First Principles Protocol for Building Cross-Cultural Relationships
A live document – updated on July 6, 2010
Produced by the Indigenous Circle of the People's Food Policy Project
Food Sovereignty continues to be inherent to Indigenous Peoples the world over. The First Principles Protocol for Building Cross Cultural Relationships was produced by the Indigenous Circle to provide a solid foundation for the advancement of the People’s Food Policy Project. The principles are reflective of the historical and current lived experiences of Indigenous peoples in Canada. We recognize that the complexity of colonial history and the impacts are not fully reflected here. Rather, we would like to refer readers to the documents referenced below that have informed our thinking.
The principles outlined have guided the work of individuals and organizations involved in the Peoples Food Policy Project in building an inclusive and just food system. It is a living document, one that can be revised and updated.
The primary principle that guides our work
We respect and honour Indigenous peoples’ knowledge, land and worldview. We recognize Indigenous peoples as the original inhabitants of this land. The longer people have inhabited a place, community, bioregion, food system the more expert they are in that place. We look to Indigenous people for guidance and to work in partnership in changing destructive relationships with Mother Earth to healthy relationships for everyone and future generations.
THIS WE KNOW…we accept as truth
1. History matters. History continues to live today in our memories, relationships and institutions.
2. We recognize Indigenous peoples’ right to self-determination. Colonization of this land has been and continues to be a great injustice to Indigenous communities. However, Indigenous communities have remained strong through ingenuity, resilience, knowledge, values and maintaining their worldviews.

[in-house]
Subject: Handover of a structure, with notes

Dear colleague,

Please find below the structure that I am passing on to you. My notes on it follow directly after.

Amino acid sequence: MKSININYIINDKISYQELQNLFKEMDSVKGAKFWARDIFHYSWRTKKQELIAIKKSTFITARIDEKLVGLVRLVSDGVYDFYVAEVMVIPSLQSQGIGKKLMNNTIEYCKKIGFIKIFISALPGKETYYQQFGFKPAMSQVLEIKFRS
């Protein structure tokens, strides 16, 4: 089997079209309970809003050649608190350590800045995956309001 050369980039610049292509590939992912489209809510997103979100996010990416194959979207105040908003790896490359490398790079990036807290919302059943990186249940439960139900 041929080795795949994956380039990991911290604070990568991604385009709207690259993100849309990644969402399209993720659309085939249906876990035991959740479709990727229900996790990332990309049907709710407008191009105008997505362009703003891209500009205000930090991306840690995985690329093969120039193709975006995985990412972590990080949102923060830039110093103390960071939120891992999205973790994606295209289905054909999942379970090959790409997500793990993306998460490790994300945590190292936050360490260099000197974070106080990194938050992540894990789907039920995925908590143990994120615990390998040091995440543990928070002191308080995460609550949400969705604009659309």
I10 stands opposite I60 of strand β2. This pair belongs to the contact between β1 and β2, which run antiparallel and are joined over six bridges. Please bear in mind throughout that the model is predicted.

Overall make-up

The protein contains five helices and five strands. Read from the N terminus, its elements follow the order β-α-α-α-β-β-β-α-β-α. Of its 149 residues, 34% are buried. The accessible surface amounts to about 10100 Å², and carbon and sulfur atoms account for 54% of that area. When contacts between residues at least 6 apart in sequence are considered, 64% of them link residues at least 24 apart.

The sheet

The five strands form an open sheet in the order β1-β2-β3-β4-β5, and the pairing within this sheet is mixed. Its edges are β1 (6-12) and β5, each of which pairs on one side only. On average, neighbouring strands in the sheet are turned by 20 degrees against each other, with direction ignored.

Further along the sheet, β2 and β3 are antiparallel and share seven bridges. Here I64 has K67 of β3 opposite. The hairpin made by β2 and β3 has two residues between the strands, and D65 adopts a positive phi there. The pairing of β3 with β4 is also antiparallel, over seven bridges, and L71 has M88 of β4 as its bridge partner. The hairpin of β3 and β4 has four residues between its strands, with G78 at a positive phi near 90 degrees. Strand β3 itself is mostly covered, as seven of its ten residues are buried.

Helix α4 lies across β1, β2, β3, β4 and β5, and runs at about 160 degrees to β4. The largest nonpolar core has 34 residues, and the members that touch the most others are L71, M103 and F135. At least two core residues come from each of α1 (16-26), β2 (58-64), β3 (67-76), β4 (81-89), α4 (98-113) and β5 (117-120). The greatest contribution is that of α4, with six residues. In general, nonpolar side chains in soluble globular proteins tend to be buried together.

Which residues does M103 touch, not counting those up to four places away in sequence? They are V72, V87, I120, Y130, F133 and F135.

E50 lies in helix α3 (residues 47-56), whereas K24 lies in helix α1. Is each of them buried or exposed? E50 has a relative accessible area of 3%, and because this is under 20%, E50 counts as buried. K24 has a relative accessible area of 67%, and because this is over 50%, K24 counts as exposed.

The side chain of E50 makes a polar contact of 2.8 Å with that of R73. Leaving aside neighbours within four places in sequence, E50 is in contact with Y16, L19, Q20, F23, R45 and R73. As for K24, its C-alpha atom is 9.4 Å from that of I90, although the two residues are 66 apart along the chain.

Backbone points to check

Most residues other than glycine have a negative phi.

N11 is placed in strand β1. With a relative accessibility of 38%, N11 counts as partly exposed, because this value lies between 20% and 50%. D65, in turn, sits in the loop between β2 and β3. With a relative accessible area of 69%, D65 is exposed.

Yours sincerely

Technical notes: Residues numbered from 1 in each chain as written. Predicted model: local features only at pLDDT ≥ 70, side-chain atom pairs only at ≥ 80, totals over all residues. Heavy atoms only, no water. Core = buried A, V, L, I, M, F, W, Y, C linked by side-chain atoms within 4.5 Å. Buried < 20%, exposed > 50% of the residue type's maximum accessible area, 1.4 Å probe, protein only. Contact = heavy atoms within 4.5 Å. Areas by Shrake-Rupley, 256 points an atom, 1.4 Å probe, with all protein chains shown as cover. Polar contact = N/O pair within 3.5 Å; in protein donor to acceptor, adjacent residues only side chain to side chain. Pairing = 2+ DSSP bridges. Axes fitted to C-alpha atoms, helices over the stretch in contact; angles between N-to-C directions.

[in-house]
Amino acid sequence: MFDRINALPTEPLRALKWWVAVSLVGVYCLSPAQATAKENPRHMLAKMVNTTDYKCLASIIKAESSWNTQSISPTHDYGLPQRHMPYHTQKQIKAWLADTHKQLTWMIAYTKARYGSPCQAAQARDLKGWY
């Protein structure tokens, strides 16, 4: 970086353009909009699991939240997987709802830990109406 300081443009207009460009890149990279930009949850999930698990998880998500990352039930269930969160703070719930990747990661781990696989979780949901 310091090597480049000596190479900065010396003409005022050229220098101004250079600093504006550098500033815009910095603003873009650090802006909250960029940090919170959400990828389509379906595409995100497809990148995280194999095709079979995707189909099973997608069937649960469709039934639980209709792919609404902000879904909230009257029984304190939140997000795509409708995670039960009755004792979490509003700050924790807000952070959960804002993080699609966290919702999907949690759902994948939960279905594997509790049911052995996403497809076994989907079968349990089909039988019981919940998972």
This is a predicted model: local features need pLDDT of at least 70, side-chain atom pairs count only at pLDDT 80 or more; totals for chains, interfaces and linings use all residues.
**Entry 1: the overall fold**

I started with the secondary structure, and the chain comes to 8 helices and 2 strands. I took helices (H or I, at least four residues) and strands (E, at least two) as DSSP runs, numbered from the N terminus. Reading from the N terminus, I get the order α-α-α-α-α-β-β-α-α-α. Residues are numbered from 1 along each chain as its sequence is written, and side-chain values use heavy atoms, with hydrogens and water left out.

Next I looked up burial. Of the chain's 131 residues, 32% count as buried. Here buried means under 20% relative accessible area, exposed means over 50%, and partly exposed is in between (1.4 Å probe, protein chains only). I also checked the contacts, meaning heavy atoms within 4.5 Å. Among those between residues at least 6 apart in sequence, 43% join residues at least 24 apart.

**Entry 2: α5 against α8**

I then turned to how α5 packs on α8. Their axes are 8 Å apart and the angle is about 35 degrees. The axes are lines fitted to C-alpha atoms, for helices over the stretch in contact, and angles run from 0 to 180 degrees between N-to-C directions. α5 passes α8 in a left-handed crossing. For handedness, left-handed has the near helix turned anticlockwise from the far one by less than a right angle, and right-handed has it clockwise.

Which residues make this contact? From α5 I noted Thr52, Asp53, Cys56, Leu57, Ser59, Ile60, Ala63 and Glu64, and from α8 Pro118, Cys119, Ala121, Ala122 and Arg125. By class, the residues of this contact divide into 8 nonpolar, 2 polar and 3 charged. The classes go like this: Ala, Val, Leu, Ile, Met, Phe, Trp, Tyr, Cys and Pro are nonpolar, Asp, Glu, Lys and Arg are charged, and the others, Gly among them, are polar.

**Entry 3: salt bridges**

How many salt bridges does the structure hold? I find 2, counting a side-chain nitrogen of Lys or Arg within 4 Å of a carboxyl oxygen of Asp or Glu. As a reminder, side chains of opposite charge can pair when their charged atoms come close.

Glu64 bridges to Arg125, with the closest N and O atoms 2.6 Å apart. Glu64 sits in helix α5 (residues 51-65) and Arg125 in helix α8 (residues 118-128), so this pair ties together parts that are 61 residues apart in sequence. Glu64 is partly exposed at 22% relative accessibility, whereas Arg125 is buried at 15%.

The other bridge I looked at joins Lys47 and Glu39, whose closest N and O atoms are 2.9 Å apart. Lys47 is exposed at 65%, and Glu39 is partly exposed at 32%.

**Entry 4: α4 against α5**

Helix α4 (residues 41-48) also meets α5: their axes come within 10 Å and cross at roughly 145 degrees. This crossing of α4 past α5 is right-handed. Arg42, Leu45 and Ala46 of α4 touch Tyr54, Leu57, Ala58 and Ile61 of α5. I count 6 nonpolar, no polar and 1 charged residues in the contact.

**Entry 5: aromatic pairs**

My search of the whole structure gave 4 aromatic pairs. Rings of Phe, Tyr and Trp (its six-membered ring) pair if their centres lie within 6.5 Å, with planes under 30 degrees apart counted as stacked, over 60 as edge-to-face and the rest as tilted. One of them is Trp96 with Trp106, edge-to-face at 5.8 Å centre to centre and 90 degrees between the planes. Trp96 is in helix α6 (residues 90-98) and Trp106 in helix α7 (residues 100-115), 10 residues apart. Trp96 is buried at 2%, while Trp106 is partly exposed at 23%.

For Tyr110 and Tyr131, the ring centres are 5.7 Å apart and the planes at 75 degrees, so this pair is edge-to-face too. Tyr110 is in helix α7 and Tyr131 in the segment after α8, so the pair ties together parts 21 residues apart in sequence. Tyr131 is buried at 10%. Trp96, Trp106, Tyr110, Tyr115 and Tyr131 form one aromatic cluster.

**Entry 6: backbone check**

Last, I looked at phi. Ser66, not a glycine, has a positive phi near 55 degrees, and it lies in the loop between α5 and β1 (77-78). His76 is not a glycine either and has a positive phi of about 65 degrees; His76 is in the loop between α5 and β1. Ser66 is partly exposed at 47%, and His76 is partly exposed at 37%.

3. Indigenous peoples in “Canada” share similar worldviews, values, beliefs, and cultural harvesting strategies, however each nation/group (98 nations and 11 major language groups in total) has its own distinct culture, language and traditions.
4. Food sovereignty in Indigenous community has been a living reality for thousands of years and has contributed to the food security Canadian settlers since Europeans arrived.
5. We are bound to the Earth; we depend on it to sustain us, for this reason maintaining ecological integrity in Indigenous land and food systems is an important part of our work.
6. The situation is urgent. We are at a critical historical moment in terms of the need to protect the land that feeds us and it is thus more important to assume responsibilities than it is to demand rights.
7. Indigenous people have a special relationship to the land, sea, rivers, non-human animals, etc. Through thousands of generations, this relationship has been nurtured and acknowledged in songs, dances, language, stories, names, art and spiritual practices, as well as in hunting, fishing, gathering, and cultivation practices. We recognize the traditional nature of these practices and their importance to all of us.
8. Racism and discrimination are both systemic and personal in our society, and we will strive to uncover and confront them as we seek social & environmental justice & food sovereignty for all human and non-human members of our society.
9. The relationship between governments and Indigenous people is colonial in nature. Neocolonial structures and processes continue to assert “control with no soul” over Indigenous land and food systems. We refuse to allow the imposed neocolonial structures and processes to govern the way in which we live and work. This is the base from which we address what is called “Aboriginal title and rights” and 'self government” in section 35 (1) of the Canadian Constitution.